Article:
It beats me why every time Stranger re-introduces himself he makes it a point that he is the father of Squiddly Cole, one of Jamaica’s best drummers.  But with no disrespect to Stranger, I believe he has carved a very chunky-size niche, within the industry.  Stranger was one of the acts that we use to shuffle dance to when my eyes were at my knees.

I am still reeling in disbelief that there is only an eleven-year difference between us.  He started his career in 1962.

So Stranger, don’t be a stranger.

Juror B29: "George Zimmerman got away with murder"

One of the first comments I made in regards to the Trayvon Martin shooting, was within days of the incident.  I stated that American justice will be in the balance, whatever the decision.  I was also hoping that what ever decision made was based on “truth and rights,” as oppose to the cunningness of lawyers.

As the story unravels itself, another juror has come forward now saying that “Zimmerman got away with murder.”  She went on to say that she held on to her decision as long as she could for a second degree murder conviction.

Amazing…

Happy 95th, Nelson Mandela!


Yes Mi Irieites,

I did promise that I would get back to you on this.  Time has ticked away, but no second has passed without us having thoughts for Nelson Mandela in our hearts.

At the beginning of the month, I received a few phone calls pertaining to Mandela being in hospital and his condition on “being hopeless.”  At that time I was asked by a few close friends to put something together for him before he goes.  I made reference of getting back to them on the issue but never did.  My reason? I had this deep belief that if Nelson survived all the turmoil the way he did for all those years, there was no reason why he would not be unable to gather that well known inner energy he has to be around for his 95th birthday.

My instincts paid off and I feel good about that.  So here is one more tribute to Madiba himself; Nelson, you served us well.  We are honoured to be witnesses and beneficiaries of your achievements in life.

Neither will we forget Winnie.

As the struggle continues, we wish you all the best on this special day, 18th July 2013.

Bless!

Prince Buster: Happy 75th!

This is a tribute to one of Jamaica’s greatest musical icons, Muhammad Yusef Ali (yes he is a knock out), better known as Cecil Bustamante Campbell (yes, he should have been Jamaica’s first Prime Minister), even better known as “Prince Buster.”

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Prince Buster, Jamaica’s first super star, turns 75 years old, today (May 24th 2013).

Many happy return, rude bwoy. May you continue to wash all our troubles away.

Bless, D

Malcolm-X: X-Resurrection with Macka B

Bless up this special day, Malcolm X, we’ll never forget you:

 X-RESURRECTION by Steel Pulse
[Malcolm X]
Born in Omaha Nebraska
May 19 Year 25
Was the son of a Garvey teacher
We will keep his name alive
Youthful years were full of adventure
Drifted to a life of crime
In jail he learned to be our leader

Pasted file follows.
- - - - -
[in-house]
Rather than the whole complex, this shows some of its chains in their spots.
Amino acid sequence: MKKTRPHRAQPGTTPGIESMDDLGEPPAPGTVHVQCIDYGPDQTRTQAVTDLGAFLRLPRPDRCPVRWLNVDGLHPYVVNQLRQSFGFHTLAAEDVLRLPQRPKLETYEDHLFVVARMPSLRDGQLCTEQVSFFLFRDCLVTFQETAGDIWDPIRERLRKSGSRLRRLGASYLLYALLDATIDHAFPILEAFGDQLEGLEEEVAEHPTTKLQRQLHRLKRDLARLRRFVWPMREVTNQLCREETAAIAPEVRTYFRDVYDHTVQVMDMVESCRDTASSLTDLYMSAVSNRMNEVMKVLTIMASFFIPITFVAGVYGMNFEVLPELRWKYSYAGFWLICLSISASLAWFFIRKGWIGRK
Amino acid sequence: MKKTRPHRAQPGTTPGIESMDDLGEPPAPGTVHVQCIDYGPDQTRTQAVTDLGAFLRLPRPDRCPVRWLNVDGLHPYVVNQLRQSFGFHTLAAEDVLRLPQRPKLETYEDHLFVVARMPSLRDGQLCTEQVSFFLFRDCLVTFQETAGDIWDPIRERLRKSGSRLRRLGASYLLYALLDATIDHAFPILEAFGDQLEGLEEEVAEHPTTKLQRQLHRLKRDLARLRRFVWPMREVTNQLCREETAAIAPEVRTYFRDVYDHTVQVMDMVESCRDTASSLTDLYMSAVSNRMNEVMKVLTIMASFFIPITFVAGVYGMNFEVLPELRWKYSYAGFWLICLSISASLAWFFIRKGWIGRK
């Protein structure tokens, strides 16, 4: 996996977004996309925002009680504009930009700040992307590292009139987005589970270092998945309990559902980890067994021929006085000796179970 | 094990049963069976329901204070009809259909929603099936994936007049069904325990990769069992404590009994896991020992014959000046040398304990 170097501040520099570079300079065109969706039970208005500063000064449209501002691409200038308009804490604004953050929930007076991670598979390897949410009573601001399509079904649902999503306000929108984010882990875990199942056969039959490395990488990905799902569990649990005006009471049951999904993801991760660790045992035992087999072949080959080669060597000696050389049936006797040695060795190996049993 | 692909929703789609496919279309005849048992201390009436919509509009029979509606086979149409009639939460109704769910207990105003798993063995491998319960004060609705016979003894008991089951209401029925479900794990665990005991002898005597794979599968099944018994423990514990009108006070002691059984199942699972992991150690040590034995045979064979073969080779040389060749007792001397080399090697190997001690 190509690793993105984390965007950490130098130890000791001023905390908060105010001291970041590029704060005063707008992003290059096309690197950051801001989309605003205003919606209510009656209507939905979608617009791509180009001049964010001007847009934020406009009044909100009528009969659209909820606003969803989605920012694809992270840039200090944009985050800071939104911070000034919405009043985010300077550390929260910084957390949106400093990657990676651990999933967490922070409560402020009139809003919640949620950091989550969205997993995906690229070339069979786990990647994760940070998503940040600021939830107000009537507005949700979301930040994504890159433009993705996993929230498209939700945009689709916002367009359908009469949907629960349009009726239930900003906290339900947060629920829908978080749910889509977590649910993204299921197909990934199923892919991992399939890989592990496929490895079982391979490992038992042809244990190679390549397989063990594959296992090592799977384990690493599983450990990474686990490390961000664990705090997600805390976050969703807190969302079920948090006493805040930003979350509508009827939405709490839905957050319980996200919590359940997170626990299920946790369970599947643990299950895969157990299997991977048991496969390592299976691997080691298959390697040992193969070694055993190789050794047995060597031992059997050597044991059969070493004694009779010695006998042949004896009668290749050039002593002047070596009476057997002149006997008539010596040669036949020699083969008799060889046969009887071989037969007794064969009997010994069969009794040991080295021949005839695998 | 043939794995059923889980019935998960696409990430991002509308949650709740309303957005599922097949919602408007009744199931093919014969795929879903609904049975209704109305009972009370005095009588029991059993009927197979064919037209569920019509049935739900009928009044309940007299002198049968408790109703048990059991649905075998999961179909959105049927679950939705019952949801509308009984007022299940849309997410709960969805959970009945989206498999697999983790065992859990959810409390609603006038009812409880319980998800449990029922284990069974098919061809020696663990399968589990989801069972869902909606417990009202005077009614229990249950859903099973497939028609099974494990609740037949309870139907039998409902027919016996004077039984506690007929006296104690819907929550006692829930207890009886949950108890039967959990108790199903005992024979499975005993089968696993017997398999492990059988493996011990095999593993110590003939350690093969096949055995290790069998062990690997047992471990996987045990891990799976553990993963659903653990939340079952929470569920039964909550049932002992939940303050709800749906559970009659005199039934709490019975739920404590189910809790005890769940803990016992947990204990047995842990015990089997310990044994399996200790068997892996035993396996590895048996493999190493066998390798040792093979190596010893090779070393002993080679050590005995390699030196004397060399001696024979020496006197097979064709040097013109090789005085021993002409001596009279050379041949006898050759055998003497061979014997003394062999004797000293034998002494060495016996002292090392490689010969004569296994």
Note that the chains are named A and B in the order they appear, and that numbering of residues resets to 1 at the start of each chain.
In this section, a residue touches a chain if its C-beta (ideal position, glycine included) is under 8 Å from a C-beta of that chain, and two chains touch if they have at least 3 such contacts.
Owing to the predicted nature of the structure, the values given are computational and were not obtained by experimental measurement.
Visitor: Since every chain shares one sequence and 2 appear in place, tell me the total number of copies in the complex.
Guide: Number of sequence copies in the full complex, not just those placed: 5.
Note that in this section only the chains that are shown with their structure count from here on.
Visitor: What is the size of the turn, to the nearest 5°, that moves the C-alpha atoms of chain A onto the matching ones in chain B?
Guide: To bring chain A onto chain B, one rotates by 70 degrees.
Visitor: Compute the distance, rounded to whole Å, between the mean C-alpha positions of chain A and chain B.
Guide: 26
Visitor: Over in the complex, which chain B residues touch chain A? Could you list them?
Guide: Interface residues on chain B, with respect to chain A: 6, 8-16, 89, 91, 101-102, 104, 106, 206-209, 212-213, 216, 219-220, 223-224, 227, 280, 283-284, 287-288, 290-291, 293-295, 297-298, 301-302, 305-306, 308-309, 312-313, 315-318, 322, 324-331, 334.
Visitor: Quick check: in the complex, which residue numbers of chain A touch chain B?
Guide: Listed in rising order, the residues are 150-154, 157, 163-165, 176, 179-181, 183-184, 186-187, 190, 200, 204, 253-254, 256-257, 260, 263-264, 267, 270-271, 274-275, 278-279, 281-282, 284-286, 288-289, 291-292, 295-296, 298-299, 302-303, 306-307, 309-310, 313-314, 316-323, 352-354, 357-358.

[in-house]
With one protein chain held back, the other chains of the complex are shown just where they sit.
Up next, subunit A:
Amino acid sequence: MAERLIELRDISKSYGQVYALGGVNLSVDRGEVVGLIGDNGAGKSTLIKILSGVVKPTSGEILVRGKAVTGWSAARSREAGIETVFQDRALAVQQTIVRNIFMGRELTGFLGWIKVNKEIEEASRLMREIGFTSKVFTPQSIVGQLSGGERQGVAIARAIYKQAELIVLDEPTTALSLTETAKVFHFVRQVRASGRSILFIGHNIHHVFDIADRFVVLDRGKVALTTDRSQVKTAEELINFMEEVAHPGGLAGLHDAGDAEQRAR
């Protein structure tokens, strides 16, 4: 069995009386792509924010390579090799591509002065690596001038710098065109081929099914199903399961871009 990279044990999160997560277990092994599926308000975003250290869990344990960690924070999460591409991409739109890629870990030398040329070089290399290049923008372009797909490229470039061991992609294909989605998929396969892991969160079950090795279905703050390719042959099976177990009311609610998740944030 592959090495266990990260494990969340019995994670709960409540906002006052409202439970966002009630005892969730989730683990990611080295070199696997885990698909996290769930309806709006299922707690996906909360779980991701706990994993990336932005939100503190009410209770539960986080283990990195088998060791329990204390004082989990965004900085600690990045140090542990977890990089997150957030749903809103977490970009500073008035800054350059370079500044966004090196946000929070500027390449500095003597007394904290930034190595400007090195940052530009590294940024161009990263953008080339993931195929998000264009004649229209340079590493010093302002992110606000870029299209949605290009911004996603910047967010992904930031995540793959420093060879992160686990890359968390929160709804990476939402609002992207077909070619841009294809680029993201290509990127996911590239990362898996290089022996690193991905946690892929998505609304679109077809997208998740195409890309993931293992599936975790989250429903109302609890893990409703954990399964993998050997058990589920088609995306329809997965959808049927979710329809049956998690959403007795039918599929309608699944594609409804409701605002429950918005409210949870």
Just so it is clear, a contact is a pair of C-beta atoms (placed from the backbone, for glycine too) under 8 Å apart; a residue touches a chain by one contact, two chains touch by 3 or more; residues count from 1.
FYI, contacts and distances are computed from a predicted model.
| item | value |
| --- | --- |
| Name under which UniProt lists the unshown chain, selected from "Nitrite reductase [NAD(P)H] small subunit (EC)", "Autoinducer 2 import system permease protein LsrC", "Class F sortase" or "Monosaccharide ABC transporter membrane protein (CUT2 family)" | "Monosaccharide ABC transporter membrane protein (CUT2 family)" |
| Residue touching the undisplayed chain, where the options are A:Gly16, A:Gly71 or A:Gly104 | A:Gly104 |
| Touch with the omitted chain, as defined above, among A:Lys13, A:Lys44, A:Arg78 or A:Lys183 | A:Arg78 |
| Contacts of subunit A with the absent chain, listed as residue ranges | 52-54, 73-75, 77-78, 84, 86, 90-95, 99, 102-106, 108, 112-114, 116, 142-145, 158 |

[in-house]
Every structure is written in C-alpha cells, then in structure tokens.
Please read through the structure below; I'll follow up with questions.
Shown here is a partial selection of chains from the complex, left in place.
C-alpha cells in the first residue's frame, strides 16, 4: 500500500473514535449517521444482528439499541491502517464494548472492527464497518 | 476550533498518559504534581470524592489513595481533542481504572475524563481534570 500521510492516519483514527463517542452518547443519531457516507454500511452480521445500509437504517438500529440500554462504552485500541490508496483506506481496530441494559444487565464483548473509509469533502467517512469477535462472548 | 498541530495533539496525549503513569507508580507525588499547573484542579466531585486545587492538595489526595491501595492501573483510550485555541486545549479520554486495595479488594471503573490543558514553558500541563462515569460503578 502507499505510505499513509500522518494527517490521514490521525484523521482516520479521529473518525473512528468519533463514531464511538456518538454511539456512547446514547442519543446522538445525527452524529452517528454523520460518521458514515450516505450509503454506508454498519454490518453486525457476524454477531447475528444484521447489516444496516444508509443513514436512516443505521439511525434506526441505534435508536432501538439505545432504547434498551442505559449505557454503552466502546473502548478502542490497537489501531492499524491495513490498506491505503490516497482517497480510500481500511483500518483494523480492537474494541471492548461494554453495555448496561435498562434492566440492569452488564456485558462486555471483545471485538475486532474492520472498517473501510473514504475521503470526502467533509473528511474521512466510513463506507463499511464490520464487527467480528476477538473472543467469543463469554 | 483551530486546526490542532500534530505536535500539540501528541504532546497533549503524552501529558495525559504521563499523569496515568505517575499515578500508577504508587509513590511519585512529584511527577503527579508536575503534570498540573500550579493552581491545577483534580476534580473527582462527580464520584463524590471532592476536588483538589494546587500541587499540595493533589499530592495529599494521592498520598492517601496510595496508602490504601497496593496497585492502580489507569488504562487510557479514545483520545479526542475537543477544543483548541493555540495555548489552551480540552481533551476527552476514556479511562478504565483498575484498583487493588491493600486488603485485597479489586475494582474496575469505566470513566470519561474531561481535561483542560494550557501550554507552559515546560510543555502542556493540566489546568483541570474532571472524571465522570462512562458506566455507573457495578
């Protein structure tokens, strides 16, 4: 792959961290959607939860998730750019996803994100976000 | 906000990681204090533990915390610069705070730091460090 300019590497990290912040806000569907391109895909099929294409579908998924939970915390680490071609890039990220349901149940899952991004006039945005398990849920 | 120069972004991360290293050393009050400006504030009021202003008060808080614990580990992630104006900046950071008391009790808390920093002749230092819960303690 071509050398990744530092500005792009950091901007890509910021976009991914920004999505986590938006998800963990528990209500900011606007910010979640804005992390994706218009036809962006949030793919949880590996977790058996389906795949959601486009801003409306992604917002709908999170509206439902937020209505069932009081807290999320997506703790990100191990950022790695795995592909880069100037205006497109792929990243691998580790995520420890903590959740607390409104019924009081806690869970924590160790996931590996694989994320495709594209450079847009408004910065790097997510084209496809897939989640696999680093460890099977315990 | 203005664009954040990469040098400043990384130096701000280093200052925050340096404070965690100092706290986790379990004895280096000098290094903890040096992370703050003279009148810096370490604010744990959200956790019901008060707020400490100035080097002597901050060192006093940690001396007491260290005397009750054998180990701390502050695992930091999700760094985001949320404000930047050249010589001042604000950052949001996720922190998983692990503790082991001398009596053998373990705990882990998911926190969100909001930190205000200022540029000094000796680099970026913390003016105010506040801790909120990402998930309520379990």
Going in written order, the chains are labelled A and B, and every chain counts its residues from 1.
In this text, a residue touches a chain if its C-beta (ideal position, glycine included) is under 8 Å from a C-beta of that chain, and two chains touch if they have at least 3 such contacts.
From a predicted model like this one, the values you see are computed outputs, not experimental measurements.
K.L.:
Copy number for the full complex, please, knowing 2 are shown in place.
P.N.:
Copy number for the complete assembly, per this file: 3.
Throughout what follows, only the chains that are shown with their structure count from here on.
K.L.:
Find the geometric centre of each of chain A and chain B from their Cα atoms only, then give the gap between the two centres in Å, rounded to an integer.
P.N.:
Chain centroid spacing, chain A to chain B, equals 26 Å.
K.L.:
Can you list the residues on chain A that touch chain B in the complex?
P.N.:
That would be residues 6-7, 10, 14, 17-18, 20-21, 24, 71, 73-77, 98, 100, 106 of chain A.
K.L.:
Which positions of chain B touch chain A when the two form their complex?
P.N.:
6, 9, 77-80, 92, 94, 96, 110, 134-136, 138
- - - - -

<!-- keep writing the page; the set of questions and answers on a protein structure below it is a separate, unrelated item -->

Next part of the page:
Thank God he was released on time

Spoke out against Jim Crows injustice
And never turned the other cheek
There’s no room for non violent protest
Yes these words were what he preached
Taught us bout Pan Africanism
To put my people back on their feet
Take whats ours robbed by the system
He said by any means

Let Malcom live through us
Black liberation is a must

They have tried to rid his name
From history books and magazines
They even tried to criticize
His greatness and philosophy
Against all kinds of exploitation
For all of us he bore the pain
We won’t let him be forgotten
No he did not die in vain

Put away the misconception
That he came to teach us hate
So Wake up from your sleep and slumber
Wake up before its too late
We need to resurrect that spirit
A lease of life the people need
To fight resistance from the system
He said by any means

Live Malcom live through us
Black liberation is a must

By any means by any means
By any means necessary

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Raspect: Thanks to Malcolm X, we keep on growing, keep on learning.

John Peel: Thoughts from Peru

We are here in Peru tonight, 16th May 2013.  This is a tribute night for UK radio DJ, John Peel who died right here 8 years ago.

For those unfamiliar with John Peel, he was the Radio 1 DJ who played a major role in breaking British Reggae to the public.  It was at a time when reggae was very much shunned from national radio and got little to no exposure in any of the music advertising media that was out there.

John found a loop hole in the system whereas there was a limitation to the amount of airplay reggae was to get, it did not out rule the idea of having the music performed live on the radio.  So British reggae upon went live – with versions of the studio songs that Radio 1 were refusing to play.

John, this is to let you know that your efforts will never be forgotten.  The restrictions and barriers on our music was going on far too long.  You had the courage and ingenuity to out-think your employers at RADIO 1. For that we remain grateful, always.

Bless…